While You Were Sleeping: 5 stories you might have missed, May 19 edition

Emergency workers at the scene after dozens were injured when a vehicle struck pedestrians in Times Square in New York City, on May 18, 2017.
Emergency workers at the scene after dozens were injured when a vehicle struck pedestrians in Times Square in New York City, on May 18, 2017. PHOTO: EPA

Car mows down pedestrians at New York City's Times Square; 1 killed, 22 injured 

A speeding car crashed into pedestrians on a sidewalk in New York City’s busy Times Square on Thursday (May 18), killing an 18-year-old woman and injuring 22 others. Police said the incident did not appear to be an act of terrorism.

One woman was covered with a bloodstained blanket after the collision, which occurred around noon ET (midnight in Singapore on Thursday) at the Midtown Manhattan tourist venue.  

Witnesses said the motorist had driven a red Honda sedan against traffic and onto the sidewalk, striking pedestrians. The car crashed into a pole and came to rest at 45th Street and Broadway before police took the driver away.  


Donald Trump denies trying to quash Michael Flynn probe, any links to Russia

President Donald  Trump denied trying to quash an FBI investigation of his former national security adviser and said there was no collusion by his campaign with the Russians who used hacking and disinformation to interfere with the 2016 presidential election.  

“No, no – next question,” Trump said when asked at a White House news conference Thursday (May 18) whether he pressured then-FBI Director James Comey in February to drop an investigation into former White House adviser Michael Flynn’s dealings with Russia and Turkey.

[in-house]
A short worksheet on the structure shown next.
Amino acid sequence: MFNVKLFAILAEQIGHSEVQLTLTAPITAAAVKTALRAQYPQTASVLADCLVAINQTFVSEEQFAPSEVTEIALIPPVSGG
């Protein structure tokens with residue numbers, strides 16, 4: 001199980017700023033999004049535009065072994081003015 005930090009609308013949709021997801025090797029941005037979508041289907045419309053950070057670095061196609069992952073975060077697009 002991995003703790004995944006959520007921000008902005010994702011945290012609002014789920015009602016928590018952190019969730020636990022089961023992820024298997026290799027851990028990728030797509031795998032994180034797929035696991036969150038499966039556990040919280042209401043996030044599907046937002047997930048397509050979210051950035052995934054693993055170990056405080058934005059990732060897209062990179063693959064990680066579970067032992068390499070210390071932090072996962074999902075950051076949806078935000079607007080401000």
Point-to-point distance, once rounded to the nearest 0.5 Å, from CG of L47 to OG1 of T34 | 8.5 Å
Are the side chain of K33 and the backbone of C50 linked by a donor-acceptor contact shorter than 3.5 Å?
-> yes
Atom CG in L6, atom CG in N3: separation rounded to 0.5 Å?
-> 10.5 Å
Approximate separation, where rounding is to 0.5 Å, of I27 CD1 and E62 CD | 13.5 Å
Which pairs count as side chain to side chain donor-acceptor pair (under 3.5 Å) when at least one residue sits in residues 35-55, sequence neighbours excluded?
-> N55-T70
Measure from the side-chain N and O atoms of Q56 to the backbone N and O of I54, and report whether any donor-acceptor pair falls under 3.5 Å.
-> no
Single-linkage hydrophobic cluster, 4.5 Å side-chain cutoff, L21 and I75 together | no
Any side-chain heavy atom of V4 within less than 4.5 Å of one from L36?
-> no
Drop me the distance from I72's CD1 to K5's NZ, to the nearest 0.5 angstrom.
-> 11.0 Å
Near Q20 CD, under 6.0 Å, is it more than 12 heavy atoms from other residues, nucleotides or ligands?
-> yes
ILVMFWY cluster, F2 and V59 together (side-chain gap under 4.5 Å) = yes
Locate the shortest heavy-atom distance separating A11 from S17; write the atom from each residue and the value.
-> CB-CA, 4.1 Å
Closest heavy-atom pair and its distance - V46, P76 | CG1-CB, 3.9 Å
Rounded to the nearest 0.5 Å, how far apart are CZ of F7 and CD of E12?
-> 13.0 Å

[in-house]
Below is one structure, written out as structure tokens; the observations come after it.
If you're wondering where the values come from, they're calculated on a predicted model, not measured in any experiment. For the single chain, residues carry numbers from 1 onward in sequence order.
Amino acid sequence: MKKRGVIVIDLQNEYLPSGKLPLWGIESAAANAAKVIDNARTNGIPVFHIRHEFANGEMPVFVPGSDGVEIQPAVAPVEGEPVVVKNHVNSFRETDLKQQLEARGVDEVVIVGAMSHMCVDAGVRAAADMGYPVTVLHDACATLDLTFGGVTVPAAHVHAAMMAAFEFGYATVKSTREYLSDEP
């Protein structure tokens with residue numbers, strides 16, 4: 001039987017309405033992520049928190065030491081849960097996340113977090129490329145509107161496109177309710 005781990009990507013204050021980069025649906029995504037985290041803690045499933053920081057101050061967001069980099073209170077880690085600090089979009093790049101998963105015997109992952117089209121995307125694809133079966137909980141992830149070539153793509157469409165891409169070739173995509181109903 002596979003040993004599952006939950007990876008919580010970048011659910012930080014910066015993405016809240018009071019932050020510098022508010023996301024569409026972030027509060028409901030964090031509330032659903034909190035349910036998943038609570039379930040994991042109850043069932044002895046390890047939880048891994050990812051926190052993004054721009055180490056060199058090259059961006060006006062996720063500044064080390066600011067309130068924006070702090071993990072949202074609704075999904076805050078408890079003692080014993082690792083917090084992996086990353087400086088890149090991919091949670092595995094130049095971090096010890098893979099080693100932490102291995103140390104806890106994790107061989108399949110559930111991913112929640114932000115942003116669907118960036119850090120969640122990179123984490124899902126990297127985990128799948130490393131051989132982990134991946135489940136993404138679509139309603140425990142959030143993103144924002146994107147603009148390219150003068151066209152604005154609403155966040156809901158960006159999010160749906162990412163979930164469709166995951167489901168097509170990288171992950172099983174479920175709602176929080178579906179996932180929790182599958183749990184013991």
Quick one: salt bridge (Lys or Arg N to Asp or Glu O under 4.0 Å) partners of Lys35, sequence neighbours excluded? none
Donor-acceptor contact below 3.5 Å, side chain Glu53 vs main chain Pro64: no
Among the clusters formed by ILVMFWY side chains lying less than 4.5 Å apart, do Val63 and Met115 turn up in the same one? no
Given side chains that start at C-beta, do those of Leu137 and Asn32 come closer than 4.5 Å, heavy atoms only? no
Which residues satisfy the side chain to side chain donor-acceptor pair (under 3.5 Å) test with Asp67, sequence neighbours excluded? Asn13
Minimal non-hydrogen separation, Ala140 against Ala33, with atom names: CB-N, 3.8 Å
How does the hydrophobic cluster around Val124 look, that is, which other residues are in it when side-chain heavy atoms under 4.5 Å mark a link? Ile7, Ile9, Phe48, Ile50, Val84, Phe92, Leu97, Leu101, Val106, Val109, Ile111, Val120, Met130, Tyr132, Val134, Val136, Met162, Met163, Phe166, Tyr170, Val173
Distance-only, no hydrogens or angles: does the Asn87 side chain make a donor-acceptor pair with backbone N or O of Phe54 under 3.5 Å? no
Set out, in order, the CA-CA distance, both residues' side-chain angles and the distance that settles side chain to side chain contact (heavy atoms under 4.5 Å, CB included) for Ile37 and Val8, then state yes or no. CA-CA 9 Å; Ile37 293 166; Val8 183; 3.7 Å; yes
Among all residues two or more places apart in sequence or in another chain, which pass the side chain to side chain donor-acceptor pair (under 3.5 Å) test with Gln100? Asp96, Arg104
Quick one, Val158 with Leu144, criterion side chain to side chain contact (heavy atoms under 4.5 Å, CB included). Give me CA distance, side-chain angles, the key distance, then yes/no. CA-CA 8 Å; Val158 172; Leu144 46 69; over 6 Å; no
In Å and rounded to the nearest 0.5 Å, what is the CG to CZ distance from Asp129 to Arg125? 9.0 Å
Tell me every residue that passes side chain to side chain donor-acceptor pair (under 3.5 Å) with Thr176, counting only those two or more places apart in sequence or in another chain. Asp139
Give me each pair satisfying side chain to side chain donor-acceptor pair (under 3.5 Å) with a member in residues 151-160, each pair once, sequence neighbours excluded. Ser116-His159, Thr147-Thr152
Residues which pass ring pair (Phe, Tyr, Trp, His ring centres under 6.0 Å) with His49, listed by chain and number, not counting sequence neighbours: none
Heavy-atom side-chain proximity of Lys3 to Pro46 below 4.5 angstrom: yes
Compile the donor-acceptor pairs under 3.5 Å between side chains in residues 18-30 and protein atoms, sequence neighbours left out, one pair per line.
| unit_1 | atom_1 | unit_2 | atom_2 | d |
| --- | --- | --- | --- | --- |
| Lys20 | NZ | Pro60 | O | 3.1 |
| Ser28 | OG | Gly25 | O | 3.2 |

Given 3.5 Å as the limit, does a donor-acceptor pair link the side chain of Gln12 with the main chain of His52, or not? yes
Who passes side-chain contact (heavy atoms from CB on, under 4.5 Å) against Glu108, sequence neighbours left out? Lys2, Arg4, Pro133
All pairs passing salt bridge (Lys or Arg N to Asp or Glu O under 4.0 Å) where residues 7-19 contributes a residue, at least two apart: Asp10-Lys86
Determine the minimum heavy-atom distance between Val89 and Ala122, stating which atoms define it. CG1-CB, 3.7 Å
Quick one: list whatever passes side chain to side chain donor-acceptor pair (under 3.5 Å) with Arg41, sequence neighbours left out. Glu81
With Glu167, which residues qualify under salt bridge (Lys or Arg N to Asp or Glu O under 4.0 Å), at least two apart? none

He said it is “totally ridiculous” to think he’s done anything that would amount to an impeachable offense.  


Facebook wins dismissal of US lawsuits linked to terrorism

A federal judge on Thursday (May 18) dismissed two lawsuits seeking to hold Facebook Inc liable for supporting terrorist groups by letting them use its social media platform to further their goals, including violence against Jews.

US District Judge Nicholas Garaufis in Brooklyn dismissed a US$3 billion (S$4.2 billion) damages lawsuit by relatives of American victims of Hamas attacks, saying the federal Communications Decency Act regulating internet content immunises Facebook from liability.

That law "prevents courts from entertaining civil actions that seek to impose liability on defendants like Facebook for allowing third parties to post offensive or harmful content or failing to remove such content once posted," Garaufis wrote.


Brazil's Michel Temer refuses to resign over corruption probe

Brazil's President Michel Temer defiantly refused to step down Thursday (May 18) over allegations that he gave his blessing to payment of hush money for a politician convicted of corruption.

"I will not resign," he announced emphatically in a brief televised statement to the nation.

Less than 24 hours after an explosive report in O Globo newspaper that Temer was caught on tape agreeing to bribe the jailed politician, he faced three formal requests for his impeachment.


Tennis: Maria Sharapova granted Birmingham wildcard

Maria Sharapova has been granted a wildcard for next month's WTA grasscourt event in Birmingham, a key Wimbledon warm-up, organisers said Thursday (May 18).

It comes two days after the Russian former world number one was refused a wildcard for the French Open following her 15-month ban for doping.

Next month will see 2004 Wimbledon champion Sharapova, 30, play the Birmingham event for the first time in seven years.